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RBI raises Minimum Capital Requirement for setting up Asset Reconstruction Company(ARC) to Rs 300 cr

The Reserve Bank raised the minimum capital requirement for setting up an asset reconstruction company (ARC) to Rs 300 crore from the existing Rs 100 crore with an aim to strengthen the securitisation sector which plays a vital role in the management of distressed financial assets.

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What Are ARCs:

An Asset Reconstruction Company is a specialized financial institution that buys the NPAs or bad assets from banks and financial institutions so that the latter can clean up their balance sheets. Or in other words, ARCs are in the business of buying bad loans from banks. ARCs clean up the balance sheets of banks when the latter sells these to the ARCs. This helps banks to concentrate in normal banking activities. Banks rather than going after the defaulters by wasting their time and effort, can sell the bad assets to the ARCs at a mutually agreed value.

What The RBI Said:

The existing ARCs have been given a glide path to meet the minimum net owned fund (NOF) requirement till April 2026, the RBI said in a circular amending the existing regulatory framework for such entities. “Consequently, any ARC obtaining the certificate of registration on or after the date of this circular shall not commence the business of securitisation or asset reconstruction without having minimum NOF of Rs 300 crore,” the circular said, adding the guidelines are effective immediately.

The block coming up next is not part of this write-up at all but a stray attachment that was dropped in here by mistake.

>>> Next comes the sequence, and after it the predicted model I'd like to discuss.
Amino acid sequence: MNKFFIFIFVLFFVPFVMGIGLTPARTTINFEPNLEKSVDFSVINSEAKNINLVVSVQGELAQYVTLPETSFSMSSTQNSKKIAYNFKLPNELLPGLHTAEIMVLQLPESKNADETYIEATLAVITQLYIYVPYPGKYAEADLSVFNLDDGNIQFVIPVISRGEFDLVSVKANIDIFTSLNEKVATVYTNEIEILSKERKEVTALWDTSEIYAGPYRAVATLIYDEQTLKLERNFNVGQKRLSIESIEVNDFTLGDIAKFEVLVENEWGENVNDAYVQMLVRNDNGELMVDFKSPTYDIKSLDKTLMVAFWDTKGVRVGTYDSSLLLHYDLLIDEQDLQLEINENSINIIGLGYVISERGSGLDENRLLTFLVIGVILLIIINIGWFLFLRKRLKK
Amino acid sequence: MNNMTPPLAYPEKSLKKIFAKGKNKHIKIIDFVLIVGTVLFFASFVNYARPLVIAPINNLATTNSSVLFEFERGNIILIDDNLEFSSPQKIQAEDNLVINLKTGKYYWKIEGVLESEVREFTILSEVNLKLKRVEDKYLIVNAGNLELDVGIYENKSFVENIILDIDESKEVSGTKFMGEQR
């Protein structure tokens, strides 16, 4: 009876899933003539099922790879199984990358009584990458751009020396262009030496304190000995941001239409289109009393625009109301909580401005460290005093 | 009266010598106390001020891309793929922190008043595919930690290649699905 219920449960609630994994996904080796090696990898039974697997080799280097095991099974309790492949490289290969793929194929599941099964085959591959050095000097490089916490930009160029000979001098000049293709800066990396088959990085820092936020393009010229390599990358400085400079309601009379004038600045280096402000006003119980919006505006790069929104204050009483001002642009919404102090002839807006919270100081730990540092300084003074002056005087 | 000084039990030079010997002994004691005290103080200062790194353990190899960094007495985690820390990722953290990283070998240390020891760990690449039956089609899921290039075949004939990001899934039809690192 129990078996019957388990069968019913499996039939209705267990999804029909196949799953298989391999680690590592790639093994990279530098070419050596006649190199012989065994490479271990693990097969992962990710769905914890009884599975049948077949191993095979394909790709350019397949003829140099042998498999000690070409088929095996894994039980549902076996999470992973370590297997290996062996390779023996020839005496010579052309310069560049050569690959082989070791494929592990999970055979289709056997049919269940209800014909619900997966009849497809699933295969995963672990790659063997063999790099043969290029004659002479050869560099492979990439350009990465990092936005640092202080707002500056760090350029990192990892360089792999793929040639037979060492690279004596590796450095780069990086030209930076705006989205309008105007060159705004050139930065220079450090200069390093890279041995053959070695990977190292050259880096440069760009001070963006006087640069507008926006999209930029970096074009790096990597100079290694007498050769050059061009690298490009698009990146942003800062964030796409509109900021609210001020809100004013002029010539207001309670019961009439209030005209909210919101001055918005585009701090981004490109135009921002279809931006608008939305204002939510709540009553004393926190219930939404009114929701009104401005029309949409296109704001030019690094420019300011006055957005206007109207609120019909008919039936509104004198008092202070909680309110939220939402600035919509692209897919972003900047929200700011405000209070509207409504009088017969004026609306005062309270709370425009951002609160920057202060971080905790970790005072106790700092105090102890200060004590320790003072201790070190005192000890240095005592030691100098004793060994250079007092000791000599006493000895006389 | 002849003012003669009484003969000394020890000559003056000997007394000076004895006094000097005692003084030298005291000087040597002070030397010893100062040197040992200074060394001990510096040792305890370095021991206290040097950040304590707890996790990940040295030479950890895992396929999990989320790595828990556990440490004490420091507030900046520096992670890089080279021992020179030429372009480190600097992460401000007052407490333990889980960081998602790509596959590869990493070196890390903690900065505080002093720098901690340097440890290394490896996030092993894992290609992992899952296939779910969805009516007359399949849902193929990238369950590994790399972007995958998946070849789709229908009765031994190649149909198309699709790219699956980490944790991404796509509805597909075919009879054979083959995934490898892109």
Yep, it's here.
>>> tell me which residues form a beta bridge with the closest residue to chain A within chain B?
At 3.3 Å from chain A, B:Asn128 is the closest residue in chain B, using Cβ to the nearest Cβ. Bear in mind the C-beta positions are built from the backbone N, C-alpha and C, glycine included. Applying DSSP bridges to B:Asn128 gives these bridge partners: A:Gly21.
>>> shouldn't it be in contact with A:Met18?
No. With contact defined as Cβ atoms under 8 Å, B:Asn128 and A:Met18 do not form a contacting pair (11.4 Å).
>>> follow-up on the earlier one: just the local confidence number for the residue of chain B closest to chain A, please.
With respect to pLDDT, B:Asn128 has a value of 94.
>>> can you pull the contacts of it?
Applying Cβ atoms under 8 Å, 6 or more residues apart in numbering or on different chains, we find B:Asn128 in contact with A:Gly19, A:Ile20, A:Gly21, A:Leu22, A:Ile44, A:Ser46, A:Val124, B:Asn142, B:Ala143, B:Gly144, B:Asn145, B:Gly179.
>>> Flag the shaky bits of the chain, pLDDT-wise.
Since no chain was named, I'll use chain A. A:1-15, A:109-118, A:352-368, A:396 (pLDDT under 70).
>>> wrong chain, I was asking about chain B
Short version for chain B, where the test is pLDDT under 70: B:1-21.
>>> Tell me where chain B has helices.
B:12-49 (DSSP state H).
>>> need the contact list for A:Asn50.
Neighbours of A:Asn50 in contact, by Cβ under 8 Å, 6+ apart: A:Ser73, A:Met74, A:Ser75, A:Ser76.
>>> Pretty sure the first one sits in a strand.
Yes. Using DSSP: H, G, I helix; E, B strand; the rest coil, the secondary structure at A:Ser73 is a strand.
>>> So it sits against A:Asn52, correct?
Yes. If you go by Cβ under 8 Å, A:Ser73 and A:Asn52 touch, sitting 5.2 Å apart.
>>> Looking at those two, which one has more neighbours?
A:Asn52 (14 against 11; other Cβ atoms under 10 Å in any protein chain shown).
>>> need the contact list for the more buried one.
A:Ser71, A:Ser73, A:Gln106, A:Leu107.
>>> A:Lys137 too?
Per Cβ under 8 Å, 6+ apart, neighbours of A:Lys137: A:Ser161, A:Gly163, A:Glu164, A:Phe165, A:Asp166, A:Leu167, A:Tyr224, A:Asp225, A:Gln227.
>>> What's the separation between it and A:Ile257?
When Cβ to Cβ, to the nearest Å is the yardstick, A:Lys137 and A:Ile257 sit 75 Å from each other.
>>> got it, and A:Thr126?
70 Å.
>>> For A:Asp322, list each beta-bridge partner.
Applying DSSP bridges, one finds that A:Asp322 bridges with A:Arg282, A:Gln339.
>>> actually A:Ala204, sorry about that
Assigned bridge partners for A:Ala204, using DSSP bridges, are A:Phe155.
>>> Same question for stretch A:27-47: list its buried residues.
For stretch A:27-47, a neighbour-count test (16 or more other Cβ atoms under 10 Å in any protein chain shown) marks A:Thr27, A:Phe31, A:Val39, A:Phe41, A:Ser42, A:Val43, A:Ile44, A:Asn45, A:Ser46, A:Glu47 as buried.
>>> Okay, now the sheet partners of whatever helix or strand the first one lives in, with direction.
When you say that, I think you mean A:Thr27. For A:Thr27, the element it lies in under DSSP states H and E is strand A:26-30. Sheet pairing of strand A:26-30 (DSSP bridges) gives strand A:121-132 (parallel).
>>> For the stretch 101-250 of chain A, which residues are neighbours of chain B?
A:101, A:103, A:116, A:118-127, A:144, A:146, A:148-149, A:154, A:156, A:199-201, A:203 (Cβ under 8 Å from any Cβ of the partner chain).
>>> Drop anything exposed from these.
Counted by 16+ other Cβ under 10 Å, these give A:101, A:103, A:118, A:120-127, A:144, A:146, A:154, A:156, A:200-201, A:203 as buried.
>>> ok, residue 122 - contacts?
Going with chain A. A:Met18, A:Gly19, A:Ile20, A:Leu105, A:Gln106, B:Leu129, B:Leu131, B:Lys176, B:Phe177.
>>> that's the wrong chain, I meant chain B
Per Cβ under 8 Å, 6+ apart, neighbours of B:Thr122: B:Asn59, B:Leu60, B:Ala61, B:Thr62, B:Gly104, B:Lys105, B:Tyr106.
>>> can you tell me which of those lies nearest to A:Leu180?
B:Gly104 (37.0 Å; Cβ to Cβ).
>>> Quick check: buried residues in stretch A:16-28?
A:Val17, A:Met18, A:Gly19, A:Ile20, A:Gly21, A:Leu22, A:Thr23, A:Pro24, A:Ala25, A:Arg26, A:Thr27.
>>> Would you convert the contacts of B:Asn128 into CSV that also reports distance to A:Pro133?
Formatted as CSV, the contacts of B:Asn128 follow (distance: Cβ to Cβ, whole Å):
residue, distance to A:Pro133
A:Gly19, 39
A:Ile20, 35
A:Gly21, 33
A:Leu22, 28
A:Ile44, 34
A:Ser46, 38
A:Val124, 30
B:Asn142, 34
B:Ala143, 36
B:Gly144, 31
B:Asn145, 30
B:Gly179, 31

The Evolution Of Regulation Of ARCs:

Under the earlier guidelines, each ARC was required to frame a board-approved policy laying down the broad parameters for settlement of debts due from the borrowers. Further, the board was permitted to delegate powers to a committee comprising any director and/or functionaries of the ARC for taking decisions on the proposals for settlement of dues.

Upon review, the RBI said the guidelines for the reconstruction of financial assets through settlement of dues payable by the borrowers have been modified. “Settlement of dues with the borrower shall be done only after the proposal is examined by an Independent Advisory Committee (IAC) which shall consist of professionals having technical/ finance/ legal background,” it said.

ARCs will have to constitute an audit committee of the board comprising of non-executive directors only. Earlier, the central bank had set up a committee to undertake a comprehensive review of the working of ARCs and recommend suitable measures for enabling them to function in a more transparent and efficient manner. The regulatory framework for ARCs has been amended based on the committee’s recommendations and feedback from stakeholders, the RBI said.

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